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This area is now covered by housing from Fitzroy Street and the Brownstown Estates. For a time these POWs were guarded by Welsh servicemen who had been transferred from Germany (known as "Bluecaps") and who were billeted at St Patrick's Hall in Thomas Street.
Many of the Welsh soldiers chose to be demobilised to Portadown as they had formed relationships there.
A large prisoner-of-war (POW) camp was built at Portadown during World War II.
It was at the site of a former sports facility on what was then the western edge of town.
In the 19th and 20th centuries Portadown was also a major centre for the production of textiles (mainly linen).
Of its population, about 61% are from a Protestant background and 31% from a Catholic background.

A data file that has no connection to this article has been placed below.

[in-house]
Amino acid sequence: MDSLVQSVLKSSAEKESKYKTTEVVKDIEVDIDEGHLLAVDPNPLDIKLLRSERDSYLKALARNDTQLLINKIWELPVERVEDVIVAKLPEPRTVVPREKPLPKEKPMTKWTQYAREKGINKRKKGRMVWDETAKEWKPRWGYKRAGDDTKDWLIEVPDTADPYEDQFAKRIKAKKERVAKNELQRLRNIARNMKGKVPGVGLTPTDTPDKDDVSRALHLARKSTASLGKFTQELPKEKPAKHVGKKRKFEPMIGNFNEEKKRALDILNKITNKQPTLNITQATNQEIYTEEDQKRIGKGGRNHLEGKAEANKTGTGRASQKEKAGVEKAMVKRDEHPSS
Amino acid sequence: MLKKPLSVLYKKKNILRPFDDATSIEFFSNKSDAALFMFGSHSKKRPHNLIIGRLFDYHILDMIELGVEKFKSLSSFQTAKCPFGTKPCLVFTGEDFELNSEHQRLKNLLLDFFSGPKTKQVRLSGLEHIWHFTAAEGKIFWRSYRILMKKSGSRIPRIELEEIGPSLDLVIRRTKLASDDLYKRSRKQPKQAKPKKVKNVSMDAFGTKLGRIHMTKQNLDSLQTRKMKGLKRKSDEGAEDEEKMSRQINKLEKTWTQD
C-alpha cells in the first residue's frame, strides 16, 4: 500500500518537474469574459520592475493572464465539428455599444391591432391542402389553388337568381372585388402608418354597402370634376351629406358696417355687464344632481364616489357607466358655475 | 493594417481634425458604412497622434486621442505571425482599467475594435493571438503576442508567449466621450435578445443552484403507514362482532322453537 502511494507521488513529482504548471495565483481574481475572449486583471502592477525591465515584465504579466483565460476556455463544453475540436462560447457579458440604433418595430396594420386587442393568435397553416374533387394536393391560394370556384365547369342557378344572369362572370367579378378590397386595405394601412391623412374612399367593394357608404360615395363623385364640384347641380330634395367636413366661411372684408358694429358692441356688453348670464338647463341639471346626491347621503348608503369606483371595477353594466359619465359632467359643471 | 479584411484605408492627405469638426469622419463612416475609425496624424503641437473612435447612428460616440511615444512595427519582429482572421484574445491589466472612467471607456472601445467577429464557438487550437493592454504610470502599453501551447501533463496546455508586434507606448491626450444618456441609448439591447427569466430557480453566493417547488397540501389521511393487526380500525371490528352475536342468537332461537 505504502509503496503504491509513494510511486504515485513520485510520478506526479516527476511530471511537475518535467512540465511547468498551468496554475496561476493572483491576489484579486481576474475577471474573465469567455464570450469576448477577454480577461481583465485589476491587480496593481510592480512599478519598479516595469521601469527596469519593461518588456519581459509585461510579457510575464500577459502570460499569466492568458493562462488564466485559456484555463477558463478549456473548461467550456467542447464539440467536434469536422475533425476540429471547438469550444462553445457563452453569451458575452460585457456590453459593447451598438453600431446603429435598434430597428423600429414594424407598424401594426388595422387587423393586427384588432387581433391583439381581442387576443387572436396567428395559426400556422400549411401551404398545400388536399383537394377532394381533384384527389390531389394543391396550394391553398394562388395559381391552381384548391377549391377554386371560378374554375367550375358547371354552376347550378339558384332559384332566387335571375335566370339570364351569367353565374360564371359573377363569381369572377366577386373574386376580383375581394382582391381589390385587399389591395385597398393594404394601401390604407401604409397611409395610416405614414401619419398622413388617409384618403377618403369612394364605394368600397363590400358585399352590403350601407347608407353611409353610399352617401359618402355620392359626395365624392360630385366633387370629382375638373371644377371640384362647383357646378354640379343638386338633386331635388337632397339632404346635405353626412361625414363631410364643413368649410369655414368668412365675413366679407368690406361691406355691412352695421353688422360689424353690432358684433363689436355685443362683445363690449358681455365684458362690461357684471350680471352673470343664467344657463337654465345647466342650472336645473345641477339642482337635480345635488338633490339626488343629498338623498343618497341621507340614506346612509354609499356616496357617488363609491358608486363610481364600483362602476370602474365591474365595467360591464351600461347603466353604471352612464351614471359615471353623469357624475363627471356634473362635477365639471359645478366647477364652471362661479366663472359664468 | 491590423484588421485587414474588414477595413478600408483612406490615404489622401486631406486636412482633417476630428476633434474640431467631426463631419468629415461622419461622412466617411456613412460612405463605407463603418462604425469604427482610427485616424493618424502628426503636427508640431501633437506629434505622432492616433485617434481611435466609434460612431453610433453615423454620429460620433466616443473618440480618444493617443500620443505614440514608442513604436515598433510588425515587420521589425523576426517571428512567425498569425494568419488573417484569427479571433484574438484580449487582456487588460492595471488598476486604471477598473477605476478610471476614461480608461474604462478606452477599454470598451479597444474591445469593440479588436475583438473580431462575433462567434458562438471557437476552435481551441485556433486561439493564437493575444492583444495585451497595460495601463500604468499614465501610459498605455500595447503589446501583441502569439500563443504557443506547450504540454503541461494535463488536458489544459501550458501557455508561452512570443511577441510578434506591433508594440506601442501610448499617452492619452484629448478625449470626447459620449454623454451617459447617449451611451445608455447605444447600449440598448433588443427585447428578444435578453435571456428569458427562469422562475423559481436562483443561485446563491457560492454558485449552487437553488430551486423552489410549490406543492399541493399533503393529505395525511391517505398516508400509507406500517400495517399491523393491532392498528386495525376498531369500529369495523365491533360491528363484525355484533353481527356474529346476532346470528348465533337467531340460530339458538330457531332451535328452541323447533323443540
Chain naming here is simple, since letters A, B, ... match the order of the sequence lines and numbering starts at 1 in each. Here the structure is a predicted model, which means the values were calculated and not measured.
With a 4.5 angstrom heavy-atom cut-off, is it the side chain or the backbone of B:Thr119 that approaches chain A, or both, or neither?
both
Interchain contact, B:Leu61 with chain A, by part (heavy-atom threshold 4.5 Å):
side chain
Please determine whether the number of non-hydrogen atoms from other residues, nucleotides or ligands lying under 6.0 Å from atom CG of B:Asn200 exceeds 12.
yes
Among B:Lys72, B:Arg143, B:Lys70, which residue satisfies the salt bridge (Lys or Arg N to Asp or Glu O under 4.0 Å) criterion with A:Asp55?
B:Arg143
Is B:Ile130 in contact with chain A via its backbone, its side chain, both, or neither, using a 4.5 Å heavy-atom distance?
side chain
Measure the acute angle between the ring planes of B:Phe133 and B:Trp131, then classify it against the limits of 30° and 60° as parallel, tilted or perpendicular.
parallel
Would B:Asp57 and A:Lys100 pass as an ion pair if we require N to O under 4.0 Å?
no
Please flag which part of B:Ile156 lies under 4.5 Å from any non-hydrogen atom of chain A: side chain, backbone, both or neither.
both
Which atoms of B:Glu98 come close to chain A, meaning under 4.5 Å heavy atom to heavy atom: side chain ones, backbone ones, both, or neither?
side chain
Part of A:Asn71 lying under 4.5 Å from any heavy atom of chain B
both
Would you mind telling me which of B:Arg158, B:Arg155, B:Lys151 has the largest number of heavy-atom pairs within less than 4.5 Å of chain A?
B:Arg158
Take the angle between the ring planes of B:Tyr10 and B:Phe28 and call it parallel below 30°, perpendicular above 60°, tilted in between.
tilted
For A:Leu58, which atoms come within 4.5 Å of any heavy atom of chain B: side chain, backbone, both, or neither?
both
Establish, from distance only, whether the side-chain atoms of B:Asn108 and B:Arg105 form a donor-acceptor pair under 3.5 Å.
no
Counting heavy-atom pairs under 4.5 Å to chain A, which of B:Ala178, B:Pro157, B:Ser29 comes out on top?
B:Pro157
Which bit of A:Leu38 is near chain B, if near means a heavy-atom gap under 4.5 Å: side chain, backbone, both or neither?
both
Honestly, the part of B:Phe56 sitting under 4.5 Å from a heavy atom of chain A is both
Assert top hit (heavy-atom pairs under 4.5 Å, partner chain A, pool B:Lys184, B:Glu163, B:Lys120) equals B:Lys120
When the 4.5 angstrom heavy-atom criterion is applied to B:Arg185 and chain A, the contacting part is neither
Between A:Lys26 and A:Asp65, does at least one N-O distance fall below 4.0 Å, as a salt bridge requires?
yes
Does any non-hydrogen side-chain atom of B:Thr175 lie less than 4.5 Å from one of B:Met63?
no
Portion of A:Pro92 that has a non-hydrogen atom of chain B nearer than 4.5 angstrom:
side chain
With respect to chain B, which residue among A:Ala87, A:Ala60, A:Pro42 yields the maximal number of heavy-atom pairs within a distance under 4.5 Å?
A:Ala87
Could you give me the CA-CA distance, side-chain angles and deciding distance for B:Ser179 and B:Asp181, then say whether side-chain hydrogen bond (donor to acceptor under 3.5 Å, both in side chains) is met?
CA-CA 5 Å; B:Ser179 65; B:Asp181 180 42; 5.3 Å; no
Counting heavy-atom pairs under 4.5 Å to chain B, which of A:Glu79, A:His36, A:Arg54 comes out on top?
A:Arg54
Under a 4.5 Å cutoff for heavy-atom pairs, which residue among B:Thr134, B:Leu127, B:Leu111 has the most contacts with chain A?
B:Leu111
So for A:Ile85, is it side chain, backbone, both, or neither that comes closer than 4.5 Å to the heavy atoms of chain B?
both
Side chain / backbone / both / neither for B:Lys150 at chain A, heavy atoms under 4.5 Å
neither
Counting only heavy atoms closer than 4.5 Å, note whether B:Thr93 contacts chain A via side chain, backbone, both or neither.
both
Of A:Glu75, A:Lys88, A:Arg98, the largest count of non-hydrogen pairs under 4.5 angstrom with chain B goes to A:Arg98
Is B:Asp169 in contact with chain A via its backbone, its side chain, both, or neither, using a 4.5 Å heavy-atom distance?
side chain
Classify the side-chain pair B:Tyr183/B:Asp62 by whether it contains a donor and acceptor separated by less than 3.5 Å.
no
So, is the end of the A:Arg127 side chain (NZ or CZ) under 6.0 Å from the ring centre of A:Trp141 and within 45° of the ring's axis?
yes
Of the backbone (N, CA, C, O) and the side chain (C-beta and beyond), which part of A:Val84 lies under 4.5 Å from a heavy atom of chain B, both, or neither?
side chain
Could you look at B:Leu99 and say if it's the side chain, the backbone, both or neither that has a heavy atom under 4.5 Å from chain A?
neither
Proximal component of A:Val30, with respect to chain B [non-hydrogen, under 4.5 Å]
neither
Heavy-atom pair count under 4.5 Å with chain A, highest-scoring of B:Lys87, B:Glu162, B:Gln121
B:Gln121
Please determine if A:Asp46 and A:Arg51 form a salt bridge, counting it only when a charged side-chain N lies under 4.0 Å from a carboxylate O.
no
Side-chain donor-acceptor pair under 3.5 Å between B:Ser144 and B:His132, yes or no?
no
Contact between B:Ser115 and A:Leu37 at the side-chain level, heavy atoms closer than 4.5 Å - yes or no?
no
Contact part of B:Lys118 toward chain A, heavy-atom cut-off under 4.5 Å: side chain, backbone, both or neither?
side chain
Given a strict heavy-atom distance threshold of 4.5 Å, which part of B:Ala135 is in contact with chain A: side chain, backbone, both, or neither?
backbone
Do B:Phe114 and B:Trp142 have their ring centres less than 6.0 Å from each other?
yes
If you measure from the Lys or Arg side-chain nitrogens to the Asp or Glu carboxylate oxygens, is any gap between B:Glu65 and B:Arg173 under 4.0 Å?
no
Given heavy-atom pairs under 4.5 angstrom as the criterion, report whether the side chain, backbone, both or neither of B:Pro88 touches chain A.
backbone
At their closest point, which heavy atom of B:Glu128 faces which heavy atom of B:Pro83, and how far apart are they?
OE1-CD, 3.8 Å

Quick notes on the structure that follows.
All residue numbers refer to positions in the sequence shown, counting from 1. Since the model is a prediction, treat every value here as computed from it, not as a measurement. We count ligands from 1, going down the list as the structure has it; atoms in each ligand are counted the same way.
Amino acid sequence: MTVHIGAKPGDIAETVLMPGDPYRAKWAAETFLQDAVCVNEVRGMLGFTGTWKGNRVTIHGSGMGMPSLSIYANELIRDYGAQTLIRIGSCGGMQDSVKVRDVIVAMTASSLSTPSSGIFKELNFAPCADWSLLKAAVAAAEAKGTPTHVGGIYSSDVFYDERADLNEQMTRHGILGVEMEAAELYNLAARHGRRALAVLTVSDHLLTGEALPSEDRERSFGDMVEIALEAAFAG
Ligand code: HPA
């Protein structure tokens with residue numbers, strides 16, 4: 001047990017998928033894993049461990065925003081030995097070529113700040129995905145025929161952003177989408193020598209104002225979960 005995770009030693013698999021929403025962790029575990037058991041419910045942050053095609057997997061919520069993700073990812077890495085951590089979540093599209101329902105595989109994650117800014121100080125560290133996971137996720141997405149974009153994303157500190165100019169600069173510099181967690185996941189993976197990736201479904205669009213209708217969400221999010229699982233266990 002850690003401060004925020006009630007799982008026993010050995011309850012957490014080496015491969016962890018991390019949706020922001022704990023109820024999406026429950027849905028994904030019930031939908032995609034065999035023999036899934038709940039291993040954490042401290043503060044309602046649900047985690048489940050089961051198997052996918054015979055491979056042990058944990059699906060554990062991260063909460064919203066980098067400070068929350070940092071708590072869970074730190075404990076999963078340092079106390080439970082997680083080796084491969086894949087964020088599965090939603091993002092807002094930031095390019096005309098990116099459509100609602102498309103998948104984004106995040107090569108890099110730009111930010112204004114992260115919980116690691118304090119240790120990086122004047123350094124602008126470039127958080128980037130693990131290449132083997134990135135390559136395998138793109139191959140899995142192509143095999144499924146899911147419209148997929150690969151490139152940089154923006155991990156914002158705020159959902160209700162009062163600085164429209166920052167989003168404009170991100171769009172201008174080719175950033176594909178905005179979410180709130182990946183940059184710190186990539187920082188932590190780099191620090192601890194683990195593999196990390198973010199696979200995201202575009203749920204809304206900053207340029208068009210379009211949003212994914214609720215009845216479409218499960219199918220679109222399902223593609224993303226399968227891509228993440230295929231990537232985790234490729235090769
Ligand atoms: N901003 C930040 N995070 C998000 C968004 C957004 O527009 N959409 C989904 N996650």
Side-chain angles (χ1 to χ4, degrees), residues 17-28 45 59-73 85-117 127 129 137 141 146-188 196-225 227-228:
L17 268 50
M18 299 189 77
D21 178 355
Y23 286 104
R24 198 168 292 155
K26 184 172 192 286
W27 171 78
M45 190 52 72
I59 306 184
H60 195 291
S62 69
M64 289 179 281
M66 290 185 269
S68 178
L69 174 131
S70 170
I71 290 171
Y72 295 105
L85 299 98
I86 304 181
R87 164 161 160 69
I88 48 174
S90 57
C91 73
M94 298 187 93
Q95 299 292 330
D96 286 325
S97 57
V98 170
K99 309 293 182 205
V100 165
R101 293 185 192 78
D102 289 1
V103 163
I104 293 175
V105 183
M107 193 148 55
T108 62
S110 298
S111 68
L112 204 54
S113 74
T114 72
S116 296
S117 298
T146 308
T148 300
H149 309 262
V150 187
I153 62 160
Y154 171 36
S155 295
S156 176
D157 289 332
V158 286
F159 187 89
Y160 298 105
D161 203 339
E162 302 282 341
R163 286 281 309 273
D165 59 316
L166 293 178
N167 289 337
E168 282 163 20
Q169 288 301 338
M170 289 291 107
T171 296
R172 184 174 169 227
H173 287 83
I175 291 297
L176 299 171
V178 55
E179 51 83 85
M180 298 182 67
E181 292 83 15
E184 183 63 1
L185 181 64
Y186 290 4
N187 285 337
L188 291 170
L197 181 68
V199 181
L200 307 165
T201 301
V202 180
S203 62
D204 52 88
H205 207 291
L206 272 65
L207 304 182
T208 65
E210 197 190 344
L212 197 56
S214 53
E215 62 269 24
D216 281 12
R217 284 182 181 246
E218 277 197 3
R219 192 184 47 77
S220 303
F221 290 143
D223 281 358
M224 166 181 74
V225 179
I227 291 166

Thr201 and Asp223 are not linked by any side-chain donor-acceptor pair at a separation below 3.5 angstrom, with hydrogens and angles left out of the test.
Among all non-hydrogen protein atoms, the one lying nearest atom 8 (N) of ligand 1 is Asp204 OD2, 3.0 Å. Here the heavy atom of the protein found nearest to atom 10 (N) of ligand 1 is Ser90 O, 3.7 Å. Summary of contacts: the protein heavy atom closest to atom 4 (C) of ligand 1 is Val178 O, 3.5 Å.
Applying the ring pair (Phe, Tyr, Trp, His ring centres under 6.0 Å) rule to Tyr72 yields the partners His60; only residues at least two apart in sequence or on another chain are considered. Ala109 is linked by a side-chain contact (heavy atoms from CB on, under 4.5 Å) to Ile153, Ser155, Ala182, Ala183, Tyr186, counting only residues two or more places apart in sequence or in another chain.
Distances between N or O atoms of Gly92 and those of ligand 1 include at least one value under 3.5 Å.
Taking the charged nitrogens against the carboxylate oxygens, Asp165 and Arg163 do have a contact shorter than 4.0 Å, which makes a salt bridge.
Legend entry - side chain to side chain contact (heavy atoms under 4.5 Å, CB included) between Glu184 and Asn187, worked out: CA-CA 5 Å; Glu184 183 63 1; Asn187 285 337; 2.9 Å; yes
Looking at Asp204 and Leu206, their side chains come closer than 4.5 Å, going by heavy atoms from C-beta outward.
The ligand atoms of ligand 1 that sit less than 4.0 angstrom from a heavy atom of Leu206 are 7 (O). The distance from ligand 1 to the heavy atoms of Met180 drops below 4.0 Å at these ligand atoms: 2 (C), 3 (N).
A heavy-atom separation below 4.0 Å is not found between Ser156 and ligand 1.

In one of the worst atrocities of the rebellion, in November 1641, Irish rebels forced about 100 captured English and Scottish settlers (or 'planters') off the Bann bridge and they either drowned or were shot.
This became known as the "Portadown massacre", and partly precipitated the revenge attacks carried out in Ireland several years later by the forces of Oliver Cromwell.
The Ballybay River flows into the town from the west before joining the River Bann.
It is in the Armagh, Banbridge and Craigavon Borough Council area and had a population of about 22,000 at the 2011 Census.
For some purposes, Portadown is treated as part of the "Craigavon Urban Area", alongside Craigavon and Lurgan.
Although Portadown can trace its origins to the early 17th century Plantation of Ulster, it was not until the Victorian era and the arrival of the railway that it became a major town.
It earned the nickname "hub of the North" due to it being a major railway junction; where the Great Northern Railway's line diverged for Belfast, Dublin, Armagh and Derry.